Secondly, there will be a strategic—a formal strategic dialog established not only between Vladimir and me but throughout our bureaucracies, our different agencies, so that the Russian people and the American people know that we're working in concert to work on common opportunities as well as to deal with problems before they become acute.

President's View of Russia

Q. Now that you've dealt with Putin, read Dostoyevsky, have been to St. Petersburg three times, do you think you understand Russia better than you did in the past, or what's your notion?

The President. Well, first of all, Russia is a fantastic country with a great history. And I'm learning—I'm understanding the Russian mentality a little better. I will certainly not be an expert. I fortunately do have experts on my staff, starting with Condoleezza Rice, who has lived in Russia, studied Russia, understands Russia well.

My main focus has been to deal with Vladimir Putin, leader to leader, because I firmly believe that if we can establish trust between each other, then we can see to it that others in our administration begin to trust each other more. And trust is an important concept.

I never forget my first question I was asked, after having met Vladimir Putin in Slovenia, was from an enterprising U.S. reporter. He said, "Do you trust Vladimir Putin?" And I, without hesitating, said, "Yes." And he said, "How do you know?" I said, "I looked in his eyes and saw his soul."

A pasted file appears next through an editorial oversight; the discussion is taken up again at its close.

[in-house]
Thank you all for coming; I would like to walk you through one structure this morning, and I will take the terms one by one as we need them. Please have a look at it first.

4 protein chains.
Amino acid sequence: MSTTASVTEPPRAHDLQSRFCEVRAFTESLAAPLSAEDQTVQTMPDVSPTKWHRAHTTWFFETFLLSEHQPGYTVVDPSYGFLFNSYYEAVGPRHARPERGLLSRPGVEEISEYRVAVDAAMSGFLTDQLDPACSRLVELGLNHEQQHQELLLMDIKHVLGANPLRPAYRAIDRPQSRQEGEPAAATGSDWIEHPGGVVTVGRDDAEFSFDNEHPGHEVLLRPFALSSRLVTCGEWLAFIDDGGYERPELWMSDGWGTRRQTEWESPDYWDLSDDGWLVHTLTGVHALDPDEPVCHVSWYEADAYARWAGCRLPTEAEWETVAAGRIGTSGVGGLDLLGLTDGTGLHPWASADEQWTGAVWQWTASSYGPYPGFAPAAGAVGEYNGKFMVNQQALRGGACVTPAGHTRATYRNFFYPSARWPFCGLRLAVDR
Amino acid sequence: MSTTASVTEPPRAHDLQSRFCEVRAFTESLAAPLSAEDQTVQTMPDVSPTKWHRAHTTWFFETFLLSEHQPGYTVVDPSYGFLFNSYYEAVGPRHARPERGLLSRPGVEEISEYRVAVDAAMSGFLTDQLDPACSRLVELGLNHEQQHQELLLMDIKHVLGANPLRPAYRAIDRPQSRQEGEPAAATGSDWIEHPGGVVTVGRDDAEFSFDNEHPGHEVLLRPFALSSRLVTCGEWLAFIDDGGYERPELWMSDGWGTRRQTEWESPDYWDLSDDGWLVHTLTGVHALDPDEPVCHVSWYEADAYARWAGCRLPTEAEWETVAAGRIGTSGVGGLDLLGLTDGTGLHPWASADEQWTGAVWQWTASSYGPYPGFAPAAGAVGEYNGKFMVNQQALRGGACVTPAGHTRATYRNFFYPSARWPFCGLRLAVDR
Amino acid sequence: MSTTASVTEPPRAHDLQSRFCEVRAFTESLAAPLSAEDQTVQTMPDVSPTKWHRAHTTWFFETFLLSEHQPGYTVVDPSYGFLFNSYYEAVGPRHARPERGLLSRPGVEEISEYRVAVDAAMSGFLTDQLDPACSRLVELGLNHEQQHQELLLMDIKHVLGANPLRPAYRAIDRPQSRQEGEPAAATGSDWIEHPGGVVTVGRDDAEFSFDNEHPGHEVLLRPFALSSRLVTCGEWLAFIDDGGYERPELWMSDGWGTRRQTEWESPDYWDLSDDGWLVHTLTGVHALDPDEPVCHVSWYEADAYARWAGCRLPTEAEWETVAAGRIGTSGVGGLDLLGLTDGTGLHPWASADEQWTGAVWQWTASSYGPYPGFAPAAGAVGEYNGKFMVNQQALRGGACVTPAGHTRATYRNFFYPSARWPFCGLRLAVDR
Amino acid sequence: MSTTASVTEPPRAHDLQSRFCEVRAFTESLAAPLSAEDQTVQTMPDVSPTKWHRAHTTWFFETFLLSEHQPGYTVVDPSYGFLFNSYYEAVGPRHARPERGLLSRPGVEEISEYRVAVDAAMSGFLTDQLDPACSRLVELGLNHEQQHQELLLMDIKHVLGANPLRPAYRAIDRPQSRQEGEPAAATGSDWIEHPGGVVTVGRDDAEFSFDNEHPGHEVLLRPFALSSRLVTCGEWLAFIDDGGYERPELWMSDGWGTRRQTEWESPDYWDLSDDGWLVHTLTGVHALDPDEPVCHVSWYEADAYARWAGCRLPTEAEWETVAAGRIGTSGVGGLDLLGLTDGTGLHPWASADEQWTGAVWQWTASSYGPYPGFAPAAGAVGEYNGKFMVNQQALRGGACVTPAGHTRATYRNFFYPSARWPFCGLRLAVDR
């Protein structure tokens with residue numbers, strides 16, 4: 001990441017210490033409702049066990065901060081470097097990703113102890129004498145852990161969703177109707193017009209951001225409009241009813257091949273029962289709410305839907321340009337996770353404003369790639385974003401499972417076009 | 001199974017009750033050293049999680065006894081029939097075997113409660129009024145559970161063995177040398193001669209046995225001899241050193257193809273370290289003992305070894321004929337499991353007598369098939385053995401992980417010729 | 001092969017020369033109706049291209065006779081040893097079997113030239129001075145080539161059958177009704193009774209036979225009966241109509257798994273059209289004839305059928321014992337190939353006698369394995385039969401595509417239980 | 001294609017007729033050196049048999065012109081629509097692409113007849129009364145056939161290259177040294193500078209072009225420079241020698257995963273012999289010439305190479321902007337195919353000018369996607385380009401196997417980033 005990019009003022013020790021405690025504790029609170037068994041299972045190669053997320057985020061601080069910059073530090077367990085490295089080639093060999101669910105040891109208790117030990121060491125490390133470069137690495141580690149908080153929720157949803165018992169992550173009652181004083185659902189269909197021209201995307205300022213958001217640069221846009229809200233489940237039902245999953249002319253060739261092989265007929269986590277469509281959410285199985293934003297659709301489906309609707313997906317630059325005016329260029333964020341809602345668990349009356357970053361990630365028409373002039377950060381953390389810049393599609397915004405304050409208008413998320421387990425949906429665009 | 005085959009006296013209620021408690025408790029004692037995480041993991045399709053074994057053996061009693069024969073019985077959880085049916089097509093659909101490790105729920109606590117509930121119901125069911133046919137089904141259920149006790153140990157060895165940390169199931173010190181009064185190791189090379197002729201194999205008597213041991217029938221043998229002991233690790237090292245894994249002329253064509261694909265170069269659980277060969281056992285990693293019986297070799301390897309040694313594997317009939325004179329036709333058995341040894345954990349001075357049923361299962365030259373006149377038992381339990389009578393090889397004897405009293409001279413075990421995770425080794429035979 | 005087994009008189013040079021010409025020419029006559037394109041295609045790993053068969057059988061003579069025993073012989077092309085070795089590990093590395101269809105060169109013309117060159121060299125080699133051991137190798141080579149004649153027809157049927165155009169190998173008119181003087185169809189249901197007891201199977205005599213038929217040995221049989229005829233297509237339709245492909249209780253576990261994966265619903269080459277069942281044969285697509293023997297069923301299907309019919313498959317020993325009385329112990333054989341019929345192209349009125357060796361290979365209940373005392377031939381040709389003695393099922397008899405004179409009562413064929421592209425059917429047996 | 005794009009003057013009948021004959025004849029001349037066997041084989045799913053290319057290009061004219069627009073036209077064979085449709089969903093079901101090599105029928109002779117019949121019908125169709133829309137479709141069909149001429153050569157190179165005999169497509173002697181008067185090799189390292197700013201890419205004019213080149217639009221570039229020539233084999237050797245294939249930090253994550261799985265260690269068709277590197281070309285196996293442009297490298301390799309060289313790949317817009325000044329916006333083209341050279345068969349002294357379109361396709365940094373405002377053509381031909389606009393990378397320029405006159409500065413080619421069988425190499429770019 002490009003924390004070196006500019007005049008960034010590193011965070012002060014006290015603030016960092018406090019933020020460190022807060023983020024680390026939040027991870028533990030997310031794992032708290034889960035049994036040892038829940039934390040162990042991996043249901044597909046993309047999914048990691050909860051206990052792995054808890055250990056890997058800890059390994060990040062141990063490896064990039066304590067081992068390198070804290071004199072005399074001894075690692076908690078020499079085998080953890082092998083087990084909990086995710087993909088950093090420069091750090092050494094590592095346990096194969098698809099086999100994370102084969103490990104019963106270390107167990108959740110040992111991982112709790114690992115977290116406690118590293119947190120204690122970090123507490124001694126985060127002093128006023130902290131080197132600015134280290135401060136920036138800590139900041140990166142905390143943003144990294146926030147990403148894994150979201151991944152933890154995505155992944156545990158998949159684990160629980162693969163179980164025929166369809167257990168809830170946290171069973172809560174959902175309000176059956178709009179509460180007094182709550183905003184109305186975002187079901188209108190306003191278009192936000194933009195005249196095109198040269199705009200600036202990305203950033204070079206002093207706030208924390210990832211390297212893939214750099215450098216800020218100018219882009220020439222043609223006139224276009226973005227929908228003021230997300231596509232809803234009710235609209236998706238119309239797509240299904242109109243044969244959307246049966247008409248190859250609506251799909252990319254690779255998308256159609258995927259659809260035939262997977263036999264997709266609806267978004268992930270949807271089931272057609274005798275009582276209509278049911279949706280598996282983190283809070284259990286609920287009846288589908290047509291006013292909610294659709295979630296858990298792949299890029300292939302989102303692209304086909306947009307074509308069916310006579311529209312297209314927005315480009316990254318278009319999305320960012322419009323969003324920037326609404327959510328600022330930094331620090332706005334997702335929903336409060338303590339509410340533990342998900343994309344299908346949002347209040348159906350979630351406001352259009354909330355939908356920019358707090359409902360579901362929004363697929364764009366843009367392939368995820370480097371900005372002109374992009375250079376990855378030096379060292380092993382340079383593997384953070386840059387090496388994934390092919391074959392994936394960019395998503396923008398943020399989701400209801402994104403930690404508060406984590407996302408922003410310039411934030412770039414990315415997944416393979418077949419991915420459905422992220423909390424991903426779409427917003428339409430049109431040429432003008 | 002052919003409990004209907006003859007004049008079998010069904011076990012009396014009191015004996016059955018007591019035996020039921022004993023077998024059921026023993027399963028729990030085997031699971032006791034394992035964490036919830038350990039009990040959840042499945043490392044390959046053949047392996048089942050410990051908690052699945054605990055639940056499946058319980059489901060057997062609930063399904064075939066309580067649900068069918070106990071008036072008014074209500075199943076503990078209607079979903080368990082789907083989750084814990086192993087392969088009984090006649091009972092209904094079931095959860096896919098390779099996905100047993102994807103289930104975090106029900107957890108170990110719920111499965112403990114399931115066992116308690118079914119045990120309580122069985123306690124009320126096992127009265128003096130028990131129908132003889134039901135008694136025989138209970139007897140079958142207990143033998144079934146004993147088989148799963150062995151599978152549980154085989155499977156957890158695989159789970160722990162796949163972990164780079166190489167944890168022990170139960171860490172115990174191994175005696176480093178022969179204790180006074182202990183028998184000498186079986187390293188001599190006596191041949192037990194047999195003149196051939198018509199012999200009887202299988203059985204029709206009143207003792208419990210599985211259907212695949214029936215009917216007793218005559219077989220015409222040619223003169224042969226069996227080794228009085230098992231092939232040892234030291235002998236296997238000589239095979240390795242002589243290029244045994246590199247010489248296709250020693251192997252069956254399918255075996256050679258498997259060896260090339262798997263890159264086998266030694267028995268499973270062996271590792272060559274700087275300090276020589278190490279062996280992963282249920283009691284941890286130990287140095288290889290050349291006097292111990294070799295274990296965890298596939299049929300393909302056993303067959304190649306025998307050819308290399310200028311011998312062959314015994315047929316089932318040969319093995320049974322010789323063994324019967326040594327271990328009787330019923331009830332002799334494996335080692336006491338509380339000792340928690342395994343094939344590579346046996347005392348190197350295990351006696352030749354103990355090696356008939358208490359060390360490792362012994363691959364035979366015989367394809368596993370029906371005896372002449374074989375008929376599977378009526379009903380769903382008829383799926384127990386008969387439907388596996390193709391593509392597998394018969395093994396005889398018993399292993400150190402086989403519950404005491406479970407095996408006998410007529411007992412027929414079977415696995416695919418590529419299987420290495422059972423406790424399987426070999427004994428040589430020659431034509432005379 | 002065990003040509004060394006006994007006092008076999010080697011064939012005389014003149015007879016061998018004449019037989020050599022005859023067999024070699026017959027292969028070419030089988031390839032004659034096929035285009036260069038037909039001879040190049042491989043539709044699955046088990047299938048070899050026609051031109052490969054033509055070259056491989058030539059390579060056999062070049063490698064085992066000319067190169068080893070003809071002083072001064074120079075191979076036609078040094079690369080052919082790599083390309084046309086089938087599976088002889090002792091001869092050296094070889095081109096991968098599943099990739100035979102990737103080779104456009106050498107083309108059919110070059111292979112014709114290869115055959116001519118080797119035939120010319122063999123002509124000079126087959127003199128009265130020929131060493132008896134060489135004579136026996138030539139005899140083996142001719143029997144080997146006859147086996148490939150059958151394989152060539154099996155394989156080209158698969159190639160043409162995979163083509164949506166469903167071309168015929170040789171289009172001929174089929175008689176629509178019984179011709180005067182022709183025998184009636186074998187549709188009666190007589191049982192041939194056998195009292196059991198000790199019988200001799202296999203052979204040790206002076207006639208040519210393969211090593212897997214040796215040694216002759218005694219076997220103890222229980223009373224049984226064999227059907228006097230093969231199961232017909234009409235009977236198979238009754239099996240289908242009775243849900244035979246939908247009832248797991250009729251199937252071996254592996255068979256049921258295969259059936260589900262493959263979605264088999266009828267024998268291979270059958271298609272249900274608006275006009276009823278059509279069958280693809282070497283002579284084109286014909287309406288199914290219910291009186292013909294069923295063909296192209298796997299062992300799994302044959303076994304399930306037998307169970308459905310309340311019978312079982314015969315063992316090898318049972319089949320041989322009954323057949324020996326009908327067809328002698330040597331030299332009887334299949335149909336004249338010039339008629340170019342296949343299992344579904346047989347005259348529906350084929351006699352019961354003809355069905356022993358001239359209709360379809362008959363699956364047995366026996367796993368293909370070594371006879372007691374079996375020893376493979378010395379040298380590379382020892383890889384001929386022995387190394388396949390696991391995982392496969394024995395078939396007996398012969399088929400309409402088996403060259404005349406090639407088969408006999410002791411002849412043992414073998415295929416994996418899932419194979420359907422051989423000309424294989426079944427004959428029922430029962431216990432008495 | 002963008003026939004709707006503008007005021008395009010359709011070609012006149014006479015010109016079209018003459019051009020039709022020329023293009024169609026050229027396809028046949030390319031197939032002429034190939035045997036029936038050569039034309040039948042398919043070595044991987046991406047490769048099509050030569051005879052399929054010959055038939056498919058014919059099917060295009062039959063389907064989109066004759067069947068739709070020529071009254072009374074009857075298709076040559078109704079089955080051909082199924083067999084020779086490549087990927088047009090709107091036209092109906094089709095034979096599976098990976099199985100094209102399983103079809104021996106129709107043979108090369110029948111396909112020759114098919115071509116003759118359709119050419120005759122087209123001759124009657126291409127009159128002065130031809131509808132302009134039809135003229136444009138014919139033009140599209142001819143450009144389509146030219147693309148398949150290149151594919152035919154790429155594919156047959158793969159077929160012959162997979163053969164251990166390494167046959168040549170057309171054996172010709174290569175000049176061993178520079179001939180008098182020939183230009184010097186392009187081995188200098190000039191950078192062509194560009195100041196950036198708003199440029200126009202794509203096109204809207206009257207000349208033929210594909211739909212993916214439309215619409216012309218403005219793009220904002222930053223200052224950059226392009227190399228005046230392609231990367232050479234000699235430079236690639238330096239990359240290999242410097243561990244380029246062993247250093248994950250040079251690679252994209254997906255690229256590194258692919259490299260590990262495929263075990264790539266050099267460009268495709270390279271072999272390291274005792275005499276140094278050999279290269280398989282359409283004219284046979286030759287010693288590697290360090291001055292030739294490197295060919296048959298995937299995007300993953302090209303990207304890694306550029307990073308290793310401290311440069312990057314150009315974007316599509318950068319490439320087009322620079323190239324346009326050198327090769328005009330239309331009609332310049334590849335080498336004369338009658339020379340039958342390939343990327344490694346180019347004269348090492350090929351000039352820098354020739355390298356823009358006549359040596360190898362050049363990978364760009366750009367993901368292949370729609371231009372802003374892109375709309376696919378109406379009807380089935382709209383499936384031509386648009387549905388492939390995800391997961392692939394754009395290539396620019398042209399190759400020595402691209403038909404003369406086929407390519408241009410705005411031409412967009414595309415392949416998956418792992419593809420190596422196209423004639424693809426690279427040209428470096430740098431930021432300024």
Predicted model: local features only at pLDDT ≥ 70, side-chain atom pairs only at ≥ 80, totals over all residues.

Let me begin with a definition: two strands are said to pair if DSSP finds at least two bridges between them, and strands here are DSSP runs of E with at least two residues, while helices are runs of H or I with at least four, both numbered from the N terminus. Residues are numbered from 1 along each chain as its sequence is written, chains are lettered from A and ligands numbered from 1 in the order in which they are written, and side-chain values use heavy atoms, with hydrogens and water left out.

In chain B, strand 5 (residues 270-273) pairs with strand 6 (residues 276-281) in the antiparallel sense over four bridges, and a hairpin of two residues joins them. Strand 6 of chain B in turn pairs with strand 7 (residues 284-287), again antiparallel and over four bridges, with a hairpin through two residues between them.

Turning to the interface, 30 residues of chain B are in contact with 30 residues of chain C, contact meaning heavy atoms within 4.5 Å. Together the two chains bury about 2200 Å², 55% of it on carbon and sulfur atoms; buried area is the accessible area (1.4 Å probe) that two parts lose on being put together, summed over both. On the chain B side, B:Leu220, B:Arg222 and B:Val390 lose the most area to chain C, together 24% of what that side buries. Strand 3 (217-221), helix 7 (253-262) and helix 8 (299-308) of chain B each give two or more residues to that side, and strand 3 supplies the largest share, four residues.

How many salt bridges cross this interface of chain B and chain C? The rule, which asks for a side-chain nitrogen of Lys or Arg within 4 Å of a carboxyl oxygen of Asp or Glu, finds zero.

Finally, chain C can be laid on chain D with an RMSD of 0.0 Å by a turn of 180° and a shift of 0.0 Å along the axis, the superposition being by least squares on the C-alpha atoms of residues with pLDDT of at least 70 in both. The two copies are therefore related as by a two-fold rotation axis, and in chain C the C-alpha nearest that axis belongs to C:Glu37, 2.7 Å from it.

We had just come from a very long conversation where we talked about family matters and we talked about our own personal lives. And I found in Vladimir a very genuine person, somebody with whom I could place my trust. And that doesn't mean we agree on every issue; don't get me wrong. But it does mean that we have the platform necessary to have good, positive relations so we can move our relations throughout our Government forward.

Q. Mr. President, thank you so much, indeed. Have a nice trip to Russia.

The President. I'm looking forward to it.

NOTE: The interview was taped at 2:36 p.m. on May 29 in the Library at the White House for later broadcast. The transcript was embargoed for release by the Office of the Press Secretary until 1:30 p.m. on May 31. In his remarks, the President referred to former President Saddam Hussein of Iraq and President Vladimir Putin of Russia. A tape was not available for verification of the content of this interview.

George W. Bush, Interview With RTR TV of Russia Online by Gerhard Peters and John T. Woolley, The American Presidency Project